Ricky Ferranti & The Rusty Miles - 'Rusty Miles'

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Ricky Ferranti & The Rusty Miles - 'Rusty Miles'

I literally can't think of anybody to recommend this to.

"'Rusty Miles' takes you on a musical journey within American music and culture within it's twelve tracks, firmly covering rock, blues, country and a lot more," claims the grand press release. I've frequently said I don't read press releases until I've put the album on, because they can skew your perspective. I quote this one, because I was baffled as to what I was listening to… sure, there's a slide guitar and southern rock element, but it didn't sound quite right. That is probably because, like the name Ricky Ferranti suggests, Ricky is not Texan, not Southern, not even American. He's Italian, just like everybody else on the album.

As a result, we have here an album that, in its efforts to embrace American music and culture, is about as authentic as a Chinese Elvis impersonator. The title track highlights a few common flaws… Ricky's voice isn't great, and the chorus is particularly poor… not helped by nonsensical lyrics such as "There's a road I want to walk/There's a road, a rusty road". I don't think asphalt rusts, but that's the least of my problems right now!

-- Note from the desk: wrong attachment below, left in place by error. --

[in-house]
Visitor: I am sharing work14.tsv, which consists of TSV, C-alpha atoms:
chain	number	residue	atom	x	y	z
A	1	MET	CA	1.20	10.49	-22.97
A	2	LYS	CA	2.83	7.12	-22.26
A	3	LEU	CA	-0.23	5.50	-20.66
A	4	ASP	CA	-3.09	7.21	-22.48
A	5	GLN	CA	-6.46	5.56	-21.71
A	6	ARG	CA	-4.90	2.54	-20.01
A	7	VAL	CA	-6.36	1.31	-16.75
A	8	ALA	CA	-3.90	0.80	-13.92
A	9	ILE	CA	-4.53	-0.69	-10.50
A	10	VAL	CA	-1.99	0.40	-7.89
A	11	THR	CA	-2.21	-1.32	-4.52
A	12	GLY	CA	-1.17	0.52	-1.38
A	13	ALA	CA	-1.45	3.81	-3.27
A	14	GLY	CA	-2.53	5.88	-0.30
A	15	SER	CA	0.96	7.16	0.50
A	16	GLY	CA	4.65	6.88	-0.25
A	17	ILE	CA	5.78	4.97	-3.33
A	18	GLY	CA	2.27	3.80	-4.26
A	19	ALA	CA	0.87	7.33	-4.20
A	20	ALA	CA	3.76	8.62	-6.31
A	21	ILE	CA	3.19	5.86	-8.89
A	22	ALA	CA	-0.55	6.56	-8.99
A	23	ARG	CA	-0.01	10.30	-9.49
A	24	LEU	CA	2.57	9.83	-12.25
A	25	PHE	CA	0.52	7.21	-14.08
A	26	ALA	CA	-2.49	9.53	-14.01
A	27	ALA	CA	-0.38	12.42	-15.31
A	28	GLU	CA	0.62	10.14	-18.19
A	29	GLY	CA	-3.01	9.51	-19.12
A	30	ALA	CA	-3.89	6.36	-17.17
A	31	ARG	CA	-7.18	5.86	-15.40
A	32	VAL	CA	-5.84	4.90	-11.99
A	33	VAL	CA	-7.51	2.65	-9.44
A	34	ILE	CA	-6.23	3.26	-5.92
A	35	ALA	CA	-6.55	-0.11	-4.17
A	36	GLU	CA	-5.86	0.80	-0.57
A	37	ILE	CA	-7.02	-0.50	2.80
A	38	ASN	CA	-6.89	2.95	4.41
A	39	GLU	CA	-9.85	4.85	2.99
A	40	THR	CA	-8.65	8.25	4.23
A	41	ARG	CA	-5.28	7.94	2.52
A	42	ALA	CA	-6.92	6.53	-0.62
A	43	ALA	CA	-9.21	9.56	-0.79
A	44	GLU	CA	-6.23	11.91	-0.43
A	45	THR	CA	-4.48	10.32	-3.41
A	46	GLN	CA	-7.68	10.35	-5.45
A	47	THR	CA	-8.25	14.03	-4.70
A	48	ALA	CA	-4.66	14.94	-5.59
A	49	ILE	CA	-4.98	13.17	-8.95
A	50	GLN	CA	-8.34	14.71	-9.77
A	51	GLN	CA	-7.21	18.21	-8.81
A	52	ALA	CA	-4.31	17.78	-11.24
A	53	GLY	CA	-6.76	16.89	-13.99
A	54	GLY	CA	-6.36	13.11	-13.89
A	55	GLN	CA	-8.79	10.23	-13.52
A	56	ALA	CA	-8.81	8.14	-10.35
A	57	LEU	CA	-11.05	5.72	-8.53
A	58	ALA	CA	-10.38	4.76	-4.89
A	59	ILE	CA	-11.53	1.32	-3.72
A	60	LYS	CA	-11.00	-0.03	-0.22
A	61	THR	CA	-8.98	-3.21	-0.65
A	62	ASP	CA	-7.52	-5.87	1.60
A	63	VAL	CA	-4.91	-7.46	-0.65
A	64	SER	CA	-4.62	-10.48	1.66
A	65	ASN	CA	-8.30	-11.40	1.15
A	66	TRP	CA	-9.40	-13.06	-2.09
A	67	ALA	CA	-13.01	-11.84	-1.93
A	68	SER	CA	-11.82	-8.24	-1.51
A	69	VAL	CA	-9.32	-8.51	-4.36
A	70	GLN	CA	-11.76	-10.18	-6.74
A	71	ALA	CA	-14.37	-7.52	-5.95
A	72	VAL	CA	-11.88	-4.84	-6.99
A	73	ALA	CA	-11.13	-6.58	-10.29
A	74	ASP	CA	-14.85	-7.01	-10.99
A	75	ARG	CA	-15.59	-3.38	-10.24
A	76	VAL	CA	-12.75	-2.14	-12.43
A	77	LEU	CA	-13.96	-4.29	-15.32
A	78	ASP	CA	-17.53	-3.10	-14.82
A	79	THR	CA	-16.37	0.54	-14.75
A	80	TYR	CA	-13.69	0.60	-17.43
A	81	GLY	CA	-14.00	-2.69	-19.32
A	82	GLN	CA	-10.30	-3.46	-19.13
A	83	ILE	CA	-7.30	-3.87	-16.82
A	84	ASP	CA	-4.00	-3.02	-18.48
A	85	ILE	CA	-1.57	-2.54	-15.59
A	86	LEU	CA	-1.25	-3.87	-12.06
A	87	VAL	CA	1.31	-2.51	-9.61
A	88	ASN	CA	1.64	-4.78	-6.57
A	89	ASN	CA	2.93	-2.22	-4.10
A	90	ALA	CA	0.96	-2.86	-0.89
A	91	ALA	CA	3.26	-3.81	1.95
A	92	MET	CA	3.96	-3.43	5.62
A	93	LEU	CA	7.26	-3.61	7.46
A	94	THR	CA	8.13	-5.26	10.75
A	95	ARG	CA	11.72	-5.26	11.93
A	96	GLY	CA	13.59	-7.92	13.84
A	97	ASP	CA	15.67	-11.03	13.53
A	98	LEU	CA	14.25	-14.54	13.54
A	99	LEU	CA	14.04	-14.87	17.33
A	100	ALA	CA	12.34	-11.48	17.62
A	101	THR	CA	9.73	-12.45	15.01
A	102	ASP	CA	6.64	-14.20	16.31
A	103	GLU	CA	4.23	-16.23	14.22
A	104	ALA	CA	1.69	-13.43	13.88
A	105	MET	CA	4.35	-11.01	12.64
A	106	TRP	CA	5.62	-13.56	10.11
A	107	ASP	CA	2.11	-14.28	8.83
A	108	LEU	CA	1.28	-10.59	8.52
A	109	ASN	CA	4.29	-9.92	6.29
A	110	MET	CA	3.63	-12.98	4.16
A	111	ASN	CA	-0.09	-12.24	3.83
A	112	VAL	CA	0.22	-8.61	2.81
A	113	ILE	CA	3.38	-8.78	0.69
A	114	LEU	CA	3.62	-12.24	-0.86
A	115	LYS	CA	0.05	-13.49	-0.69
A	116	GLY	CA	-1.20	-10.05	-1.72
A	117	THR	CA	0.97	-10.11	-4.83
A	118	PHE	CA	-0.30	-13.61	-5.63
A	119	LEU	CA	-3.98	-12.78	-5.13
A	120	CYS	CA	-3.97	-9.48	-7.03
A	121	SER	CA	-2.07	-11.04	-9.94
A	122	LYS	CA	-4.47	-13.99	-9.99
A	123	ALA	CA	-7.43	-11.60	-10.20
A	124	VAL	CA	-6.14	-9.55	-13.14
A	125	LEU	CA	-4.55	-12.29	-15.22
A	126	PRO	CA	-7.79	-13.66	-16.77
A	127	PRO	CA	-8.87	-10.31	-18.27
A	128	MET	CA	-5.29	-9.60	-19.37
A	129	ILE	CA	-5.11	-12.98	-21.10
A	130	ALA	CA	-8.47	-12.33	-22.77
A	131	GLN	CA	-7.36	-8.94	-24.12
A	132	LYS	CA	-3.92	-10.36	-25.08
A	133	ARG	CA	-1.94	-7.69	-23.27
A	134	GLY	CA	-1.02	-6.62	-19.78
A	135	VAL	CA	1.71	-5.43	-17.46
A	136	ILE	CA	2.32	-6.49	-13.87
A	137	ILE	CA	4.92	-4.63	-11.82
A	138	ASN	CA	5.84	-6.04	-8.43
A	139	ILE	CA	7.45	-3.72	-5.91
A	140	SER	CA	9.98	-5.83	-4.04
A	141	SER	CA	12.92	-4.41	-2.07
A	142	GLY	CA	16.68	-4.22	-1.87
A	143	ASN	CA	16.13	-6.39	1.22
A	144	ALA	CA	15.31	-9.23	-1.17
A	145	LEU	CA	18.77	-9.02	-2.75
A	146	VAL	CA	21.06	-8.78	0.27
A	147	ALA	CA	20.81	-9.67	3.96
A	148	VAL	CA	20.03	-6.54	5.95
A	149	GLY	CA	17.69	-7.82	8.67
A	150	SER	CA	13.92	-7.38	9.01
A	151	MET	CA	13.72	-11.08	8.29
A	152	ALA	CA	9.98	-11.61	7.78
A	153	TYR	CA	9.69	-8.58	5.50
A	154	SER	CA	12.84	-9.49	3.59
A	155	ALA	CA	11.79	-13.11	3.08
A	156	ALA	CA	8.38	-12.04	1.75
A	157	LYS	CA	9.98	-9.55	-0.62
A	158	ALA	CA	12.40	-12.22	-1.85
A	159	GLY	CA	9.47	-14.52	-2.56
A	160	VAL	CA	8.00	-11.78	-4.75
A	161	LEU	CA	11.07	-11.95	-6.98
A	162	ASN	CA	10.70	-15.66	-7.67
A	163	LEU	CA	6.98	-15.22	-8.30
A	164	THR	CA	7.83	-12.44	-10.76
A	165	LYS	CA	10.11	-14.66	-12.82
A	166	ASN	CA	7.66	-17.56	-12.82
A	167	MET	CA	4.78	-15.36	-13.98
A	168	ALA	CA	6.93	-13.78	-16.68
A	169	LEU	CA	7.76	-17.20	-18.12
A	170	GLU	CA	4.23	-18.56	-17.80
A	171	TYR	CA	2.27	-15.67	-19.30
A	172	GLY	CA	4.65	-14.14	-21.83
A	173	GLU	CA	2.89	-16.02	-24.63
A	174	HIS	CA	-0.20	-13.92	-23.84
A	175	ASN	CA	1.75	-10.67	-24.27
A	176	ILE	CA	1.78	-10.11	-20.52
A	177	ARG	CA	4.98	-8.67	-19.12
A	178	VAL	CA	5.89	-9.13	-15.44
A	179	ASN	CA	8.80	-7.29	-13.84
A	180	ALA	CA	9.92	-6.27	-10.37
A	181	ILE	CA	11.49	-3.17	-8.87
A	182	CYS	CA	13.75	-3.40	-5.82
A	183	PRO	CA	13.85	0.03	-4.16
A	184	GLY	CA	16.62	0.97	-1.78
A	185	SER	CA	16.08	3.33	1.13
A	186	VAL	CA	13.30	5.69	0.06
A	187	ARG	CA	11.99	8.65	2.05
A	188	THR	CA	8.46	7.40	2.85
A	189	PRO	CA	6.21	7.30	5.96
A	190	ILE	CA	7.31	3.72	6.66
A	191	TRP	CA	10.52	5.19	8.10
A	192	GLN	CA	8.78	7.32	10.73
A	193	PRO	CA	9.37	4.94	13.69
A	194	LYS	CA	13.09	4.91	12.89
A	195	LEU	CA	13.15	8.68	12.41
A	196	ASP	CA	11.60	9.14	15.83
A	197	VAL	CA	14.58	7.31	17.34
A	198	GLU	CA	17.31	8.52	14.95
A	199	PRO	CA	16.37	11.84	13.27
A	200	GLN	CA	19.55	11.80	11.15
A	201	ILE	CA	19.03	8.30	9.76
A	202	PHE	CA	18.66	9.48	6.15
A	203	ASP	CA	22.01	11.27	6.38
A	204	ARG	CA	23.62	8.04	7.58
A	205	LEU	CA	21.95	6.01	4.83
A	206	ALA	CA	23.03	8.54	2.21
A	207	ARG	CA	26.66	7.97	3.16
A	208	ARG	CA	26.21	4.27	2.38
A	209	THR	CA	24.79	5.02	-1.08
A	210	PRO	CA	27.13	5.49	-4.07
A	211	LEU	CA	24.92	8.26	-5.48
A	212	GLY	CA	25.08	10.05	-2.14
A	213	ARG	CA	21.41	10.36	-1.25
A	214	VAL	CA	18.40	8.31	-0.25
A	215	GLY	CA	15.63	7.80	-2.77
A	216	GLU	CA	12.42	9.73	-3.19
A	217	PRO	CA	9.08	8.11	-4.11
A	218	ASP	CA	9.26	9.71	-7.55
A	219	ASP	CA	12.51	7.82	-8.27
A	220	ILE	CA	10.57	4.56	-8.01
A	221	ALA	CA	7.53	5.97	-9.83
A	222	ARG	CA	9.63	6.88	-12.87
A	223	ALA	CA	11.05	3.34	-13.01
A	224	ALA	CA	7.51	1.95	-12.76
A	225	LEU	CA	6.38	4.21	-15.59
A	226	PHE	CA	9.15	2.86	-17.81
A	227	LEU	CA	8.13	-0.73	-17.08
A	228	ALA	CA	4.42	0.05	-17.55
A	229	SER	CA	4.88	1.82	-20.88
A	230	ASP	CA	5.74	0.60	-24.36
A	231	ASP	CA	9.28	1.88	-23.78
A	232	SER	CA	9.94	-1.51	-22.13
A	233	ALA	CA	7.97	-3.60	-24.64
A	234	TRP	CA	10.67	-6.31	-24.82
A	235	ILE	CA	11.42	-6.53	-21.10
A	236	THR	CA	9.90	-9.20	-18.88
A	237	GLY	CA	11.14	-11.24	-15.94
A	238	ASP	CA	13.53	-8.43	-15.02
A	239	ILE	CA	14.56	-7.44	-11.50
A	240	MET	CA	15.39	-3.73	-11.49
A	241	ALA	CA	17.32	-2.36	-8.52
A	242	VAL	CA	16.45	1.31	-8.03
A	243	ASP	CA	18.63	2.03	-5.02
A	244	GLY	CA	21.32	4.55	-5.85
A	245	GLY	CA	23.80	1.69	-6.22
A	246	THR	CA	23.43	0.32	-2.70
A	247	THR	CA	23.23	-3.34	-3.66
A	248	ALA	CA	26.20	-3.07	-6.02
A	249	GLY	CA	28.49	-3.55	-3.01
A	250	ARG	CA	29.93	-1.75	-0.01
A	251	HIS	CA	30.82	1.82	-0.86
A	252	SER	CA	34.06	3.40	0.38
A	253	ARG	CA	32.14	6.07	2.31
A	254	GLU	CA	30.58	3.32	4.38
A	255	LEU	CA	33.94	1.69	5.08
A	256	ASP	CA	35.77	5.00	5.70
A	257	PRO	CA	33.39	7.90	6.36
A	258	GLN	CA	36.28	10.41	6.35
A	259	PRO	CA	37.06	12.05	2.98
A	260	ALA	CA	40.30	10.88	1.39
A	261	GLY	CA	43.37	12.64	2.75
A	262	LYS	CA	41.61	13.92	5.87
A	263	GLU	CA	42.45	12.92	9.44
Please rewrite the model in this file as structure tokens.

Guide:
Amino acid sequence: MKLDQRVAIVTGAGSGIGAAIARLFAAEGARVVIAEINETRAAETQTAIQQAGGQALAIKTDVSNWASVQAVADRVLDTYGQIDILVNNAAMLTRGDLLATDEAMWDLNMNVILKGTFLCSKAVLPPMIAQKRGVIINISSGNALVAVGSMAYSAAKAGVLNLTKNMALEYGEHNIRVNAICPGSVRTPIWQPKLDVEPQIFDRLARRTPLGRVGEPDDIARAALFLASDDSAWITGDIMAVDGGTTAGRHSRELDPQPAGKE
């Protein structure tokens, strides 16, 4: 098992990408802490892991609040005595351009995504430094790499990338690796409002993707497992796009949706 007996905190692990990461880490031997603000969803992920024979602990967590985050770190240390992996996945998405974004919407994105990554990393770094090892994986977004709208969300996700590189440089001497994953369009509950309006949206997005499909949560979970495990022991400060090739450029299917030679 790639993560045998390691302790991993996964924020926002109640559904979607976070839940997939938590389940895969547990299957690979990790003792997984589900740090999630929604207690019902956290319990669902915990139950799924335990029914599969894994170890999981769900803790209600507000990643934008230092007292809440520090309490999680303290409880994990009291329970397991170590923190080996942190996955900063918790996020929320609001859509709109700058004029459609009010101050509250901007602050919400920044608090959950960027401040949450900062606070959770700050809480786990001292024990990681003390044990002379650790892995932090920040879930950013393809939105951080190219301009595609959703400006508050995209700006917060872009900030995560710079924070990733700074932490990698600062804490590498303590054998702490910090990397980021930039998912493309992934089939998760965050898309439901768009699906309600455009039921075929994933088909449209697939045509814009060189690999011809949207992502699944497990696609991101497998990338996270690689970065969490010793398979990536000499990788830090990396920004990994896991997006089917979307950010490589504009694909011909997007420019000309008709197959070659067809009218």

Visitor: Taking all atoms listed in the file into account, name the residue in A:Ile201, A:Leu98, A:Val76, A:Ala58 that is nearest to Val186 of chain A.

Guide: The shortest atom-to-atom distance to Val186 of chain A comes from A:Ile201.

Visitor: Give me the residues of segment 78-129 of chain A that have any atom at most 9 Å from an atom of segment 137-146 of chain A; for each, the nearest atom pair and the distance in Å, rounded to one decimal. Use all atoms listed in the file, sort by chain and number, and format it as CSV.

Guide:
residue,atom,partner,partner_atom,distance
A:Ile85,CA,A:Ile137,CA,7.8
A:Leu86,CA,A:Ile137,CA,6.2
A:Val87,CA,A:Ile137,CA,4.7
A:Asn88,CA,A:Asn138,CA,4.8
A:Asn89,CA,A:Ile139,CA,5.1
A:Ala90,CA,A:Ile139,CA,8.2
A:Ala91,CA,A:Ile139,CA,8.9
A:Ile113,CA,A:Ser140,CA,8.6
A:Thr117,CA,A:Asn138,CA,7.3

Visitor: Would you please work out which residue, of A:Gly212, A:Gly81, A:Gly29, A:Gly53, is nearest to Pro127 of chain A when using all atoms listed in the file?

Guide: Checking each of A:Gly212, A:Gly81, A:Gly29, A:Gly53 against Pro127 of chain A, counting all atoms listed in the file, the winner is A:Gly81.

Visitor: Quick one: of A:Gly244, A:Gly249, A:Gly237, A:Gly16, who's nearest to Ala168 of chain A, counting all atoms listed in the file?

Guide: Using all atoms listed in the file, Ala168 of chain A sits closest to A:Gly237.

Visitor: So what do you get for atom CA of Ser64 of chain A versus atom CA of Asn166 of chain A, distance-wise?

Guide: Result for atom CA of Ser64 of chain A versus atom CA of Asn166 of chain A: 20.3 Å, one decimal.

Perhaps aware of his vocal limitations, multi instrumentalist Ricky passes the microphone over on several tracks, although there didn't seem to be a better singer in the vicinity. 'Don't Stop' features a rather whiny lead from Josh Zighetti, sounding at times like a poor man's Klaus Meine. 'Keep On' has a more authentic country sound and a better vocal from Marcello Salcuni, until he tries to sing a little higher on what I think is supposed to be the chorus. Again, more vexing lyrics are offered in the form of "I don't care of neighbourhood, I don't care of what you choosed". And it only gets worse.

Suffice to say, I struggled to get through this album repeatedly in order to review it for the good people of Fireworks. I have no idea who this album is for - is there a collection of Italians who want some authentic American country rock, but would rather have it done badly from some of their countrymen than by established American acts? Are there any Americans, bored with the likes of .38 Special and Lynyrd Skynyrd, desperately hoping for some Italians to provide a bizarre take on the genre? No, I thought not.

I literally can't think of anybody to recommend this to.

James Gaden

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